More and more employees are personally affected by reduced working hours. Many questions arise as to how and whether the individual can increase his/her reduced salary in other ways or how this affects the amount of short-time working benefits (Kurzarbeitergeld).

This is possible, for example, if you take a mini-job (or marginal employment of up to 450.- Euro) in a systemically relevant profession and thus secure an additional tax-free income.

Whether this mini-job is counted towards the calculation of short-time working benefits depends on whether the mini-job existed before the start of the short-time work or not. Since the beginning of April, assessments will also take into account whether this is practiced in a systemically relevant profession or not.

Simply put, a mini-job does not affect the calculation of short-time working benefits (Kurzarbeitergeld) if this job was started before the short-time work started. The scenario appears different if a new mini-job is only started whilst the reduced working hours were already in place. In this case, the mini-job salary is deducted from the short-time working benefits. The mini-job salary is deducted from the calculation basis for short-time working benefits (i.e. the previous net salary). There is now an exception for systemically relevant professions. The only requirement here is that the short-time working benefits and the new mini-job combined do not add up to more than the previously received net income.

It is also important to know that the income limit for a mini-job of 450.- Euro can be exceeded up to five times in the period from March 1st, 2020, to October 31st, 2020. Finally, the only question that remains is what is considered a systemically relevant profession. Even if this is handled slightly differently in each federal state, at least the following occupations are systemically relevant in the coronavirus crisis:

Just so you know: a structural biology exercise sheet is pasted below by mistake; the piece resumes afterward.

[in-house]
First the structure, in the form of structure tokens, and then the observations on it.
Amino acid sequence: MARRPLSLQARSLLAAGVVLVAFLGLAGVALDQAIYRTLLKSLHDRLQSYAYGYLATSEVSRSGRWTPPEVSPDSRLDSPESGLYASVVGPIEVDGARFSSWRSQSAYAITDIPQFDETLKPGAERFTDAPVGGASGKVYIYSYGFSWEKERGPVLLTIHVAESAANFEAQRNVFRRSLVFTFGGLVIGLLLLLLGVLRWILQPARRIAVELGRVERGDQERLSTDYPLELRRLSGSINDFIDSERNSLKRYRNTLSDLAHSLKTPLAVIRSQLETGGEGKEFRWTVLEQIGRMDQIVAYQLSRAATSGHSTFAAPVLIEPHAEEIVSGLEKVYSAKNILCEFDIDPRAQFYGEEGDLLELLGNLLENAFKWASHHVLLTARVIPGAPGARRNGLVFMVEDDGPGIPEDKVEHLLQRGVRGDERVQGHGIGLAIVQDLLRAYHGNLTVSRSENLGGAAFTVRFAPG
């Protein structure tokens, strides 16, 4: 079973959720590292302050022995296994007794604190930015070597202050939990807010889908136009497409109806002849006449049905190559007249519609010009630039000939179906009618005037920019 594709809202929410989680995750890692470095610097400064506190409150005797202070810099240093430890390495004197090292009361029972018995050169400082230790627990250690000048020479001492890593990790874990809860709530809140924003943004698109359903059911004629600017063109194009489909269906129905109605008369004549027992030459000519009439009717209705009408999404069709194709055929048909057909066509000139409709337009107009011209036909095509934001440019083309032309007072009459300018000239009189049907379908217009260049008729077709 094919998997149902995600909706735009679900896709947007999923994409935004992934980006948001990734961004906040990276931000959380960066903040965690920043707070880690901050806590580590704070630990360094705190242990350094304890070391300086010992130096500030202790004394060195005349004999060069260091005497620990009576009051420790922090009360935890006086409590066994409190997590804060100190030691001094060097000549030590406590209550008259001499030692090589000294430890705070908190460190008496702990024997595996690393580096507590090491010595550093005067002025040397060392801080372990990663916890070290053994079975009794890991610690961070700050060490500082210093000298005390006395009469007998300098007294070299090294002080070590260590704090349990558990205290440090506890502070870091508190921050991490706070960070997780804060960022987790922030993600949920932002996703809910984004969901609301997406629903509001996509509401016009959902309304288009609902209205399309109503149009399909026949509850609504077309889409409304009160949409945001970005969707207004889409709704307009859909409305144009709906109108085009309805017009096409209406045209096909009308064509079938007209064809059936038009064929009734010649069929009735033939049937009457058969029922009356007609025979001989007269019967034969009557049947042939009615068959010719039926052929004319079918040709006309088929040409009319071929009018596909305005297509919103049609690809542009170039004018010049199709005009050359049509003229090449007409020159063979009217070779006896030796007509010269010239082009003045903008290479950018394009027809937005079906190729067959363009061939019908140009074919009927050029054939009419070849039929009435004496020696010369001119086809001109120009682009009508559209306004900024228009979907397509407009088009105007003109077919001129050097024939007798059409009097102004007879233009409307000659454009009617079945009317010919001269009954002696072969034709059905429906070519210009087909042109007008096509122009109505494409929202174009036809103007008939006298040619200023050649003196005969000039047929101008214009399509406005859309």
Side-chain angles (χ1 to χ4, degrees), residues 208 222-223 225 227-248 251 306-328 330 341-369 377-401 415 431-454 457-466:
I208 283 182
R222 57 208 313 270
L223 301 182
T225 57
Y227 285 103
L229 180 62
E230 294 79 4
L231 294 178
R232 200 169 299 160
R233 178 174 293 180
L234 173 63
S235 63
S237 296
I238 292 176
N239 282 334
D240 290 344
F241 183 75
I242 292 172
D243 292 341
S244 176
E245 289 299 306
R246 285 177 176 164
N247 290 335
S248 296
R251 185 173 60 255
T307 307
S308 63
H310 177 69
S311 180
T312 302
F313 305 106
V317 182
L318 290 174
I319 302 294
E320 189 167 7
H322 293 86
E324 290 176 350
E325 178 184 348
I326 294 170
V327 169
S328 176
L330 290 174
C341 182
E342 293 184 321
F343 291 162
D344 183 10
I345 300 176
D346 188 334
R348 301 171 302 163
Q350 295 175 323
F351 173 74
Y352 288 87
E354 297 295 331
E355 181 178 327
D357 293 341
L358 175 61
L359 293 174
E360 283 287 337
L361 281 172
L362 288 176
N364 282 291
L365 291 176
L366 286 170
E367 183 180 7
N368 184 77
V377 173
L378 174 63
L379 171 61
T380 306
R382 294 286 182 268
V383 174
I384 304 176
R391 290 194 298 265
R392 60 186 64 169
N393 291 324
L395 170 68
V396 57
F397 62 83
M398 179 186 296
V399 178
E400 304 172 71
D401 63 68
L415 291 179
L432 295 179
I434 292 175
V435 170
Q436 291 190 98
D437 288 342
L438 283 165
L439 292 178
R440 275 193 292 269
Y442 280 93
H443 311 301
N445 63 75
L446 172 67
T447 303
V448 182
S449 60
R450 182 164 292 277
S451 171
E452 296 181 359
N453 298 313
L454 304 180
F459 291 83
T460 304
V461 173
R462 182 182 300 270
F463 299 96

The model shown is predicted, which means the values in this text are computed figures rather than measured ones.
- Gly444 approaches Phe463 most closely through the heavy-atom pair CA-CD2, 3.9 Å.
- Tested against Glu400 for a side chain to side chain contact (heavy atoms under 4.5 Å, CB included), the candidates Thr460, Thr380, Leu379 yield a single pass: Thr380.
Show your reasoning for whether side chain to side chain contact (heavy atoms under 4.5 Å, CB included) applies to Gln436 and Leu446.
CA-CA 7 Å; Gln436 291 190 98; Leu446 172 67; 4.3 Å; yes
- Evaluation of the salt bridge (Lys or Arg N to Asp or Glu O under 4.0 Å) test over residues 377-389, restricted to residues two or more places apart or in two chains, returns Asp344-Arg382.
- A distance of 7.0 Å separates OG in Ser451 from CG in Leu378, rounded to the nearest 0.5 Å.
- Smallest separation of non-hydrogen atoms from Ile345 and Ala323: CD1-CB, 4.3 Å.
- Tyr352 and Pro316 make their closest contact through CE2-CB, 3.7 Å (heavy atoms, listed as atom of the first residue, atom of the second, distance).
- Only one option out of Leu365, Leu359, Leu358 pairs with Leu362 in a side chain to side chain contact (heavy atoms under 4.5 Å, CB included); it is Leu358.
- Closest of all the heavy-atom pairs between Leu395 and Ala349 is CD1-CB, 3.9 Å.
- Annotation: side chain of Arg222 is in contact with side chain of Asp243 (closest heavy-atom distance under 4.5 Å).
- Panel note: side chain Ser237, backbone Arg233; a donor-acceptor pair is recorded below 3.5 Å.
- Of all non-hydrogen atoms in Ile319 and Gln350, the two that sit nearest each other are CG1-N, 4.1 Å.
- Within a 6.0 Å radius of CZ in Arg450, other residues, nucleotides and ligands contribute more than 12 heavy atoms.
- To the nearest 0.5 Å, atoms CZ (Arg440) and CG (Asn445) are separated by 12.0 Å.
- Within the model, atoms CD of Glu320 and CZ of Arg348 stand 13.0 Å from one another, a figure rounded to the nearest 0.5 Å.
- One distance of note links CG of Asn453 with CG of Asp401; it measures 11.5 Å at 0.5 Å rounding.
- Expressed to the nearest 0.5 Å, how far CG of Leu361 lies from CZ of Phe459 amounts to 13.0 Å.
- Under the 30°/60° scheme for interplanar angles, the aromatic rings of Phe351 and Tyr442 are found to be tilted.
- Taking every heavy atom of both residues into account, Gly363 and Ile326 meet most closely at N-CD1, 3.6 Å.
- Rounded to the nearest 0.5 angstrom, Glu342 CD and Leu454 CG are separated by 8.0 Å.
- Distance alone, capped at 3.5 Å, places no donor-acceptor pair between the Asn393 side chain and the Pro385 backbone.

• Traditional professions in the health sector (doctors, nurses, paramedics) • Police, fire brigade, civil protection personnel • Employees in supermarkets and pharmacies • Harvesters in agriculture • Employees in child, youth and disability aid • Certain positions in the state, judiciary and administration • Employees at waste disposal companies, electricity and waterworks, petrol stations • Public transport employees

Business costs through homeworking because of Covid-19

In principle, expenses for a home office were previously only deductible as a business expense as part of the tax return in exceptional cases. The sudden coronavirus crisis requires short-term action and pragmatic solutions from everyone involved. In this sense, many employees also use their own equipment to be able to work from home during the arranged home office. In some cases, private devices are also purchased specifically for this purpose.

In principle, private devices that are used for work can also be claimed as advertising costs in the income tax return. Devices that didn't cost more than 952.- Euro can be written off directly, while more expensive devices have to be written off over the expected useful life (e.g. for computers over three years, for smartphones over five years). If you want to avoid elaborate proof of how often you have used your private device, you can also claim a 50% lump sum of the depreciation costs.

The same applies to the private telephone and internet line. Anyone who uses the internet or makes calls on the phone in the home office can regularly deduct 20% of the costs up to a maximum of 20.- Euro in the income tax return without needing to submit further proof. Of course, higher costs can also be deducted with evidence. For this, however, it is essential to keep the relevant evidence (e.g. invoices) for the period of the prescribed home office.

Example: A privately purchased laptop for 1,260.- Euro is used for three months during the coronavirus pandemic. If the depreciation period of 36 months is taken into account, this means that 35.- Euro per month can be applied. Without further proof, the tax office generally accepts 50%, which, in our example, would amount to business costs of 42.50 Euro.

Home office costs as a business expense

In principle, expenses for a home office were previously only deductible as a business expense as part of the tax return as an exception. The question will be whether the coronavirus pandemic has made the home office the focus of all business and professional activity and will play a completely different role in filing the 2020 tax return next year.